A wine that most perfectly conveys the spirit and essence of its place, Barbaresco is true reflection of terroir. Its star grape, like that in the neighboring Barolo region, is Nebbiolo. Four townships within the Barbaresco zone can produce Barbaresco: the actual village of Barbaresco, as well as Neive, Treiso and San Rocco Seno d'Elvio.
Broadly speaking there are more similarities in the soils of Barbaresco and Barolo than there are differences. Barbaresco’s soils are approximately of the same two major soil types as Barolo: blue-grey marl of the Tortonion epoch, producing more fragile and aromatic characteristics, and Helvetian white yellow marl, which produces wines with more structure and tannins.
Nebbiolo ripens earlier in Barbaresco than in Barolo, primarily due to the vineyards’ proximity to the Tanaro River and lower elevations. While the wines here are still powerful, Barbaresco expresses a more feminine side of Nebbiolo, often with softer tannins, delicate fruit and an elegant perfume. Typical in a well-made Barbaresco are expressions of rose petal, cherry, strawberry, violets, smoke and spice. These wines need a few years before they reach their peak, the best of which need over a decade or longer. Bottle aging adds more savory characteristics, such as earth, iron and dried fruit.
Responsible for some of the most elegant and age-worthy wines in the world, Nebbiolo, named for the ubiquitous autumnal fog (called nebbia in Italian), is the star variety of northern Italy’s Piedmont region. Grown throughout the area as well as in the neighboring Valle d’Aosta and Valtellina, it reaches its highest potential in the Piemontese villages of Barolo and Barbaresco. This finicky grape and needs a very particular soil type and climate in order to thrive. Outside of Italy, growers are still very much in the experimentation stage but some success has been achieved in parts of California. Tiny amounts are produced in Washington, Virginia, Mexico and Australia.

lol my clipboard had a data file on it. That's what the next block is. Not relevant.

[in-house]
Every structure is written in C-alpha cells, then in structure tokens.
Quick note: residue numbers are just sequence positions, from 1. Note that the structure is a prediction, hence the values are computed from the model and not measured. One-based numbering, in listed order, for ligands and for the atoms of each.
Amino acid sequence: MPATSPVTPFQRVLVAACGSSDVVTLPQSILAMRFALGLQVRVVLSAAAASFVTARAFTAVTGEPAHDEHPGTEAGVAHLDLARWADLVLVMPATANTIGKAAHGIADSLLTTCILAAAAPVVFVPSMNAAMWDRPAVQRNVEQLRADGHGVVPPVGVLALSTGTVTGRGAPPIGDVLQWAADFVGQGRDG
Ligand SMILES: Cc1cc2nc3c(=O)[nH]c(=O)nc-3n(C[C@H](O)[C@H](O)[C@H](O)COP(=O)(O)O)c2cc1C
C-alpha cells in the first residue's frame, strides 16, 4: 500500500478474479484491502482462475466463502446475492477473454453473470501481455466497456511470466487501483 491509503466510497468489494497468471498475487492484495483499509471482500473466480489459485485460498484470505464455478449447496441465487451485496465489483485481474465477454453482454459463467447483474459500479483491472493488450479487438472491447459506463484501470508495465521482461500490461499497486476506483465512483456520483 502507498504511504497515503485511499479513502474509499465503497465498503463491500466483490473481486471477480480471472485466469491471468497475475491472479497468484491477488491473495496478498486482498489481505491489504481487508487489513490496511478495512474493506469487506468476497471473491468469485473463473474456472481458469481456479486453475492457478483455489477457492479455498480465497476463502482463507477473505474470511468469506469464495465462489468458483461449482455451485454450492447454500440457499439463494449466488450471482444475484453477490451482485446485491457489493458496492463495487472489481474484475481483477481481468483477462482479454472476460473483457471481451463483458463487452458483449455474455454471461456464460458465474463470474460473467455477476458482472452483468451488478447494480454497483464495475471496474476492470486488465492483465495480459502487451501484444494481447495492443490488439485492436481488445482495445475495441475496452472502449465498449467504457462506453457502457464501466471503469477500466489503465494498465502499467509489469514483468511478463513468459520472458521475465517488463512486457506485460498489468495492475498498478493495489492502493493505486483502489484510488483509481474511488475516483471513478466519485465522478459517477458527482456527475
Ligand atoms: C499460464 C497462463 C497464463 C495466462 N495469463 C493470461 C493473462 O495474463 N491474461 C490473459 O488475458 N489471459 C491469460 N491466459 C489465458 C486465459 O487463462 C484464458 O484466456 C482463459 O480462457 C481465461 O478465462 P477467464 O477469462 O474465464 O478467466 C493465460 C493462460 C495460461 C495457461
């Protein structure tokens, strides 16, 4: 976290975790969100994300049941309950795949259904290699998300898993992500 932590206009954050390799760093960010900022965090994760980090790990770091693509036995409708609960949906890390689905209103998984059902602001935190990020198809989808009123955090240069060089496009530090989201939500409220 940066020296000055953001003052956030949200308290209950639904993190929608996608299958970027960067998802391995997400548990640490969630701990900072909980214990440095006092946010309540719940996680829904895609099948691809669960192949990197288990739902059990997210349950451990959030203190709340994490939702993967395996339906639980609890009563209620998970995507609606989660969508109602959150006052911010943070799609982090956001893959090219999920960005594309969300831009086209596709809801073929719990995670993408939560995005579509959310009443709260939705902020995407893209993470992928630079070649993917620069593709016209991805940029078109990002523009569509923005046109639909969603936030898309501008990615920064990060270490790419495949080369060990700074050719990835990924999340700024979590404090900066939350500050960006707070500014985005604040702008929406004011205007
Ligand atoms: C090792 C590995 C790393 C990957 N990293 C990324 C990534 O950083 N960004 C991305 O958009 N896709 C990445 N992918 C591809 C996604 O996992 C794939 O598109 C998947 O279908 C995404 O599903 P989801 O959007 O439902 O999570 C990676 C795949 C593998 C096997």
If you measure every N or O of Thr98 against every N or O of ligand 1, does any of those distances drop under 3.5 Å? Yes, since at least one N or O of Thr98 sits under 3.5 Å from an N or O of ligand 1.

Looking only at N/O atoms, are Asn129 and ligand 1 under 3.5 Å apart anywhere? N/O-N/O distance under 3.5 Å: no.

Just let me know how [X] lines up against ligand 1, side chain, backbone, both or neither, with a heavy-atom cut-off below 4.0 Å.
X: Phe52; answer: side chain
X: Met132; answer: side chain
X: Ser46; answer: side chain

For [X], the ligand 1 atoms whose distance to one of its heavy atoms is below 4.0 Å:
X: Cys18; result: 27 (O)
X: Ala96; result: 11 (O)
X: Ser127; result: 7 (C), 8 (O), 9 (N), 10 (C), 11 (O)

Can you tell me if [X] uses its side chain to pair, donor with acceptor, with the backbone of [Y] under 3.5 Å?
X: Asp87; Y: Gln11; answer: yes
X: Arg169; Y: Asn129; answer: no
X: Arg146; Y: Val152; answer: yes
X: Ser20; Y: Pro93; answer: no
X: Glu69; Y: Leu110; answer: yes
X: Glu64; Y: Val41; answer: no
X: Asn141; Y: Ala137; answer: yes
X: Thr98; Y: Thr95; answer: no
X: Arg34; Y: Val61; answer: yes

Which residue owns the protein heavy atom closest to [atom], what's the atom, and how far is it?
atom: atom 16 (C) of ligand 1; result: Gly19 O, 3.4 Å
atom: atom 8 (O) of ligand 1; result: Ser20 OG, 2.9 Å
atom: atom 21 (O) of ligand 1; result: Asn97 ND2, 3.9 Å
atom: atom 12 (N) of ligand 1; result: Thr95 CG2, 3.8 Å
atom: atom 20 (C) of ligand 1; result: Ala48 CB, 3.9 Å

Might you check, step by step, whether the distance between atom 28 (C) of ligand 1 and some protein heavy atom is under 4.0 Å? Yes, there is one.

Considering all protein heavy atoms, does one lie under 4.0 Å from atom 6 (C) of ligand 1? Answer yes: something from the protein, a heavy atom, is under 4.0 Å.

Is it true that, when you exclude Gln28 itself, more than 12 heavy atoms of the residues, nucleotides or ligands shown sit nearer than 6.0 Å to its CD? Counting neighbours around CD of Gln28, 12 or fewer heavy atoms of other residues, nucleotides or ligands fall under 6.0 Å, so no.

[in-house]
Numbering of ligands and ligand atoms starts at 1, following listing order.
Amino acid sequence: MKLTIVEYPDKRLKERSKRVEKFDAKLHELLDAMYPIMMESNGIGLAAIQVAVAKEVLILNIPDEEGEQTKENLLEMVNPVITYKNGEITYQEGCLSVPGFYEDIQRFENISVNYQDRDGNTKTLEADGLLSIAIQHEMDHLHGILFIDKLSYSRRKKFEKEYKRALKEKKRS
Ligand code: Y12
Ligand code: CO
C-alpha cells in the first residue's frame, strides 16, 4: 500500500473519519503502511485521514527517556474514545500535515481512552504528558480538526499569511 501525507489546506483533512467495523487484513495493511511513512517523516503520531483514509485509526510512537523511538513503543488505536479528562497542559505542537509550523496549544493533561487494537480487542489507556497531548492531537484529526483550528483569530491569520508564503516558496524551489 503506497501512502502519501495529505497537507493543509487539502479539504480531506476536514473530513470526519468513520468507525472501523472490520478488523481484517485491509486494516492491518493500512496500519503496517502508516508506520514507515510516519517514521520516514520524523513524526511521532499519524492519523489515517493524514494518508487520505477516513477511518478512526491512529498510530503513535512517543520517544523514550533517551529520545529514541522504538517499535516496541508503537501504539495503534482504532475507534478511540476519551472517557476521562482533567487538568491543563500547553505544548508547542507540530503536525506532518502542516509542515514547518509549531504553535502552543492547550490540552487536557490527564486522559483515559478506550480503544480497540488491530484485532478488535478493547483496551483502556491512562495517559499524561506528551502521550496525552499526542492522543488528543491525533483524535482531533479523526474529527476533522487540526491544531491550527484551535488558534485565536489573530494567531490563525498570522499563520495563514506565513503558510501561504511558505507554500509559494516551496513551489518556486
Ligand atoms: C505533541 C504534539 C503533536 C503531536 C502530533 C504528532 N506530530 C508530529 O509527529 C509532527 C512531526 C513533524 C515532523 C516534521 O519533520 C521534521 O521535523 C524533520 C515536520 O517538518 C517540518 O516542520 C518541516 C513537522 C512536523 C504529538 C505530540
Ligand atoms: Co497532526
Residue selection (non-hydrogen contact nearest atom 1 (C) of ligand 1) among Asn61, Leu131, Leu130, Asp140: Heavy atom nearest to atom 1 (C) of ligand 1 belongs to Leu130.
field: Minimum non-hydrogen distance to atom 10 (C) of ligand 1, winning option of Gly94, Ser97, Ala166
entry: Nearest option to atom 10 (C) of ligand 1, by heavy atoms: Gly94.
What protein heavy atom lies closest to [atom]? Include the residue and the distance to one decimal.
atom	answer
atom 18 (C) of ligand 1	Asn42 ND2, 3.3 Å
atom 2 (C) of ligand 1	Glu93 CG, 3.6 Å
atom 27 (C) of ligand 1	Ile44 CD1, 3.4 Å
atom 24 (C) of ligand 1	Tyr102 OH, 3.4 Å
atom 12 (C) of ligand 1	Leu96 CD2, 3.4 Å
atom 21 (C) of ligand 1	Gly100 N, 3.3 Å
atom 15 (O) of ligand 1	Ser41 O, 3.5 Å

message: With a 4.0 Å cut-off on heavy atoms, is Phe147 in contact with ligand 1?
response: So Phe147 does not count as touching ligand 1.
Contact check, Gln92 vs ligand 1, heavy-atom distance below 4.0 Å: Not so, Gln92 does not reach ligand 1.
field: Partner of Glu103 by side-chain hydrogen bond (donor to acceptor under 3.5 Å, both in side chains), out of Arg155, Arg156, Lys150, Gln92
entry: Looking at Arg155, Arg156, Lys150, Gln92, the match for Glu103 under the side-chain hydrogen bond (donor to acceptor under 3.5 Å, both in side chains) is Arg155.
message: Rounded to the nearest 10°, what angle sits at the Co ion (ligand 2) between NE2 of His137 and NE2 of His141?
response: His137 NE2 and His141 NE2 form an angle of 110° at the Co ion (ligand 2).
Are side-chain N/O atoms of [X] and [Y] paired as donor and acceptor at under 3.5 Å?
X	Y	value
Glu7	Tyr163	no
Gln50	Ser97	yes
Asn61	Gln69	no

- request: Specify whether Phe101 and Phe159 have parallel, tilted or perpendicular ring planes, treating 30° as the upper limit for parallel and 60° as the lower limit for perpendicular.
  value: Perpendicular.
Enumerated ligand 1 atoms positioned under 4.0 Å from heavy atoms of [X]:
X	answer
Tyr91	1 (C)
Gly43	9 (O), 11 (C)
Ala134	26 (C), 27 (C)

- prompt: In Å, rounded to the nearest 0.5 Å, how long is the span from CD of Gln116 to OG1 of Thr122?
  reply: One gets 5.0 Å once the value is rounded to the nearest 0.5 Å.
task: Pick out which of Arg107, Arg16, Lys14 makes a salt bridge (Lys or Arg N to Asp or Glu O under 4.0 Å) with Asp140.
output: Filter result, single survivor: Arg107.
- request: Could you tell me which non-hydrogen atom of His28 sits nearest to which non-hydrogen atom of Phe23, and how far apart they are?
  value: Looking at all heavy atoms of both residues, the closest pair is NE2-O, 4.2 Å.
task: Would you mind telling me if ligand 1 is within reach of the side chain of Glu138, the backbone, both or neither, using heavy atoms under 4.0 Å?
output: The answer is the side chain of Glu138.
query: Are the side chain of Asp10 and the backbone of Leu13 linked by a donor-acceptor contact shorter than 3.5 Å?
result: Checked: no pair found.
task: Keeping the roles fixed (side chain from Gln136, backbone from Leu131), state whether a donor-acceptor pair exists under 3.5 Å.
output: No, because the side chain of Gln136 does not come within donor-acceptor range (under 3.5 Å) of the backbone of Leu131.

In the Glass
Nebbiolo at its best is an elegant variety with velveteen tannins, mouthwatering acidity and a captivating perfume. Common characteristcs of a well-made Nebbiolo can include roses, violets, licorice, sandalwood, spicebox, smoke, potpourri, black plum, red cherry and orange peel. Light brick in color, Nebbiolo is a more powerful wine than one might expect, and its firm tannins typically need time to mellow.
Nebbiolo’s love affair with food starts in Piedmont, which is home to the Slow Food movement and some of Italy’s best cuisine. The region is famous for its white truffles, wild boar ragu and tajarin pasta, all perfect companions to Nebbiolo.
If you can’t afford to drink Barolo and Barbaresco every night, try the more wallet-friendly, earlier-drinking Langhe Nebbiolo or Nebbiolo d'Alba. Also search out the fine offerings of the nearby Roero region. North of the Langhe and Roero, find earthy and rustic versions of the variety (known here as “Spanna”) in Ghemme and Gattinara.